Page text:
a. A curve on a plane that winds around a fixed center point at a continuously increasing or decreasing distance from the point.
b. A three-dimensional curve that turns around an axis at a constant or continuously varying distance while moving parallel to the axis; a helix.
c. Something having the form of such a curve: a spiral of black smoke.
2. Printing A spiral binding.
3. The course or flight path of an object rotating on its longitudinal axis.
4. A continuously accelerating increase or decrease: the wage-price spiral.
1. Of or resembling a spiral.
2. Circling around a center at a continuously increasing or decreasing distance.
3. Coiling around an axis in a constantly changing series of planes; helical.
4. Printing Relating to or having a spiral binding: a spiral notebook.
v. spi·raled, spi·ral·ing, spi·rals also spi·ralled or spi·ral·ling
1. To take a spiral form or course.
2. To rise or fall with steady acceleration.
To cause to take a spiral form or course.
[Medieval Latin spīrālis, of a spiral, from Latin spīra, coil; see SPIRE2.]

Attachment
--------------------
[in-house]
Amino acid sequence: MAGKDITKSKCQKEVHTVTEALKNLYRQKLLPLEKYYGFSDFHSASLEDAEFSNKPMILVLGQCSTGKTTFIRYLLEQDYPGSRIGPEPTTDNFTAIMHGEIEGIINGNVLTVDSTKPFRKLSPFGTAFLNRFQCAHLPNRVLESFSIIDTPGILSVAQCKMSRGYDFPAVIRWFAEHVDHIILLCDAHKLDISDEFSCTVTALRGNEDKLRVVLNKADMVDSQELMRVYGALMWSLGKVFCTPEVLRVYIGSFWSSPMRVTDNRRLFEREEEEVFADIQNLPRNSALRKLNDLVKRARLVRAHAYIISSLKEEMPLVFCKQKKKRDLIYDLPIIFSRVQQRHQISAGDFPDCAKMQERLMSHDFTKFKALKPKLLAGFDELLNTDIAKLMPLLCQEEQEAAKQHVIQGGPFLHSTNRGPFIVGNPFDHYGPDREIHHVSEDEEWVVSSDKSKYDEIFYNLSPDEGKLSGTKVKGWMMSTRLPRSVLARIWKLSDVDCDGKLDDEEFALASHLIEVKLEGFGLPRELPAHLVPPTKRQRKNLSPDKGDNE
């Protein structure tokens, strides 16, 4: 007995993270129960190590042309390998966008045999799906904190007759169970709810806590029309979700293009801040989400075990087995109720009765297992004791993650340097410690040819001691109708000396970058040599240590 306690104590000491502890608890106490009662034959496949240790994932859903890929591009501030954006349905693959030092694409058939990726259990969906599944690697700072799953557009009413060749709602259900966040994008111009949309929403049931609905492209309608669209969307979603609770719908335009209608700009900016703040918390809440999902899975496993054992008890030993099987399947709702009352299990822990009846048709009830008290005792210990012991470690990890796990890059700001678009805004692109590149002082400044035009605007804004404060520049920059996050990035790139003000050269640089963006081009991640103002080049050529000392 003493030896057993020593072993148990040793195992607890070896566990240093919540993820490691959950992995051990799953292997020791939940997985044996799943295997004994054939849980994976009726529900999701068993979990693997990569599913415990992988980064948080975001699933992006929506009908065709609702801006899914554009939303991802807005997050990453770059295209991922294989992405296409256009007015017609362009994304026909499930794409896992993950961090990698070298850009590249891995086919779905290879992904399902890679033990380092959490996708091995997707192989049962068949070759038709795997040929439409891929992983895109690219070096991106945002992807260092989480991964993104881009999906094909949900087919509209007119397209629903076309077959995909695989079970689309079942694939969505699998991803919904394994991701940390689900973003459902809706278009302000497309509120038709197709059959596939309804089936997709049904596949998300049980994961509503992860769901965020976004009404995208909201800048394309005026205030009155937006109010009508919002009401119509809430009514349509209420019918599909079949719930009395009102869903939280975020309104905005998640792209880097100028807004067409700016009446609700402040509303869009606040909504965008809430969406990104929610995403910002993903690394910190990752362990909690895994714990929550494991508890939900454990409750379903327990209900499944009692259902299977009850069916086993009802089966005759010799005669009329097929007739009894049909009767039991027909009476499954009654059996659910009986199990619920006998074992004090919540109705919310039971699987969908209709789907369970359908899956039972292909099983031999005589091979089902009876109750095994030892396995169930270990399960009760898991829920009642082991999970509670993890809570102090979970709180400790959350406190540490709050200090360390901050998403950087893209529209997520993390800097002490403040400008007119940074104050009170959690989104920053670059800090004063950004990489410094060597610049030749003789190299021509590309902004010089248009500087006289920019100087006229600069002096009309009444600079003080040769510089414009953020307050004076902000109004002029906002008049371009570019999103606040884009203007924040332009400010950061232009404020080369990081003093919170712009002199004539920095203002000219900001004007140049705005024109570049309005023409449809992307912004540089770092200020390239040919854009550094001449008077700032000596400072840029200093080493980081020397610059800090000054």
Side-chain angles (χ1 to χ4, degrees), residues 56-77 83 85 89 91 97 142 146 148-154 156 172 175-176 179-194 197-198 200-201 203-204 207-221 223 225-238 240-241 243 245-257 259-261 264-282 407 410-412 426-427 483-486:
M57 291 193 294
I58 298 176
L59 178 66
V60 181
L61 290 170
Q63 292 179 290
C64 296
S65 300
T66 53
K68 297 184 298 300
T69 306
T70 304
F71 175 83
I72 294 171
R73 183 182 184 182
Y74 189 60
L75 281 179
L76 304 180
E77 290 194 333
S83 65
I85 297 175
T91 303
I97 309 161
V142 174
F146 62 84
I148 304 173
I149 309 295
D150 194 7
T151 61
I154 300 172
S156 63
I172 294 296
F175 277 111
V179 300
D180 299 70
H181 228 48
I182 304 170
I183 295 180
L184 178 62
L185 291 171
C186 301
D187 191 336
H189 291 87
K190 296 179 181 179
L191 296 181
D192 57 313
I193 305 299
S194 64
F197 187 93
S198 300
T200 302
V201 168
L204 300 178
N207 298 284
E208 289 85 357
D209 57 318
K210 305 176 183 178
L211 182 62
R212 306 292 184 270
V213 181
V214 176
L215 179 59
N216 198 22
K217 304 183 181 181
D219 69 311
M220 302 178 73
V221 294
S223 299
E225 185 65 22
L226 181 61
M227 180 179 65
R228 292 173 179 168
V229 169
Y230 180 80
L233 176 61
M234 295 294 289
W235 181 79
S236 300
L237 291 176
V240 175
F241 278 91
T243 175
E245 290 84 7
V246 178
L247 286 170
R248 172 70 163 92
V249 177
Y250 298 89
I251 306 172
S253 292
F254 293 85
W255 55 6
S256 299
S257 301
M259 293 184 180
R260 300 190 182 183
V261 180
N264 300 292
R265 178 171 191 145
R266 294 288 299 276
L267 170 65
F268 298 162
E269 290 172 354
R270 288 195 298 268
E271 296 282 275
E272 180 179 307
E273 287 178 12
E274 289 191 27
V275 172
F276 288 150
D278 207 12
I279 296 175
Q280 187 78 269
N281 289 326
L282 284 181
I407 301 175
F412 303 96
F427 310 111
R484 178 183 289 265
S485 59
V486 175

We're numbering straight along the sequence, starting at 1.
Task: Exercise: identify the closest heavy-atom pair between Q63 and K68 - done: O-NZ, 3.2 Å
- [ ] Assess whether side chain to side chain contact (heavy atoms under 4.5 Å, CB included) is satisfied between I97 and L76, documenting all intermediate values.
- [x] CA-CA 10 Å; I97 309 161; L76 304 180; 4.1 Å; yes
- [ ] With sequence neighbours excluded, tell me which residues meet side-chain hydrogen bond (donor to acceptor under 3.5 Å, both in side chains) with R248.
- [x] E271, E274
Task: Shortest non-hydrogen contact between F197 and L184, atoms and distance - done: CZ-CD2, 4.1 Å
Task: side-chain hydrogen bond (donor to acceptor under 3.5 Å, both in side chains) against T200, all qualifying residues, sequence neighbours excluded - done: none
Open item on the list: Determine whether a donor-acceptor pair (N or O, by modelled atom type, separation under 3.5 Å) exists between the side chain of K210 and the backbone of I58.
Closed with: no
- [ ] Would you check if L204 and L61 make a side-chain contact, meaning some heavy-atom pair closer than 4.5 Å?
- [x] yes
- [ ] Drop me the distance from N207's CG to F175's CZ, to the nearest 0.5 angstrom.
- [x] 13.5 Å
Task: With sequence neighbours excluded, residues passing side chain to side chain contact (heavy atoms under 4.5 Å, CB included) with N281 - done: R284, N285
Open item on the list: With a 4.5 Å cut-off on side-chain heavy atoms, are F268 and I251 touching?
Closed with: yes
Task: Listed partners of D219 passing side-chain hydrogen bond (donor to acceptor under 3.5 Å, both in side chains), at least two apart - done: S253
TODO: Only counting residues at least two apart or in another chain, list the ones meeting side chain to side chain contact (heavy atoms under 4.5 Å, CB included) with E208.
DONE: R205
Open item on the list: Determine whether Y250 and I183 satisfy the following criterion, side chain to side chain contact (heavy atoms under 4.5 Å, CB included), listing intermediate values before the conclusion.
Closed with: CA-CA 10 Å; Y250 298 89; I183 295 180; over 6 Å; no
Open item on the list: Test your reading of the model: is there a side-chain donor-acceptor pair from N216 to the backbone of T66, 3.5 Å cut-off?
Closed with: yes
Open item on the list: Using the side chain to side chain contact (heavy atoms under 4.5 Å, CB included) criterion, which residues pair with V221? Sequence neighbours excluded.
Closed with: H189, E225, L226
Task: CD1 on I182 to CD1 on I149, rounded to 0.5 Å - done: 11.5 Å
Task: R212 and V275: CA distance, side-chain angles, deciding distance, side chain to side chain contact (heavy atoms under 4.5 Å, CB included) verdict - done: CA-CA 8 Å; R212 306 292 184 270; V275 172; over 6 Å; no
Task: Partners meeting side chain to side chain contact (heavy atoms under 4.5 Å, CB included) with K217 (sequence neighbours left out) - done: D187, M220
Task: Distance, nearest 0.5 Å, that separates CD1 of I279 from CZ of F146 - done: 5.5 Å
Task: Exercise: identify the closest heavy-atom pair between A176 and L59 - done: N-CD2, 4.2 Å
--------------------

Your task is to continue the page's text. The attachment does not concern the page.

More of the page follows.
spi·rali·ty (spī-rălĭ-tē) n.
The American Heritage® Dictionary of the English Language, Fifth Edition copyright ©2020 by Houghton Mifflin Harcourt Publishing Company. All rights reserved.
Indo-European & Semitic Roots Appendices
Thousands of entries in the dictionary include etymologies that trace their origins back to reconstructed proto-languages. You can obtain more information about these forms in our online appendices:
The Indo-European appendix covers nearly half of the Indo-European roots that have left their mark on English words. A more complete treatment of Indo-European roots and the English words derived from them is available in our Dictionary of Indo-European Roots.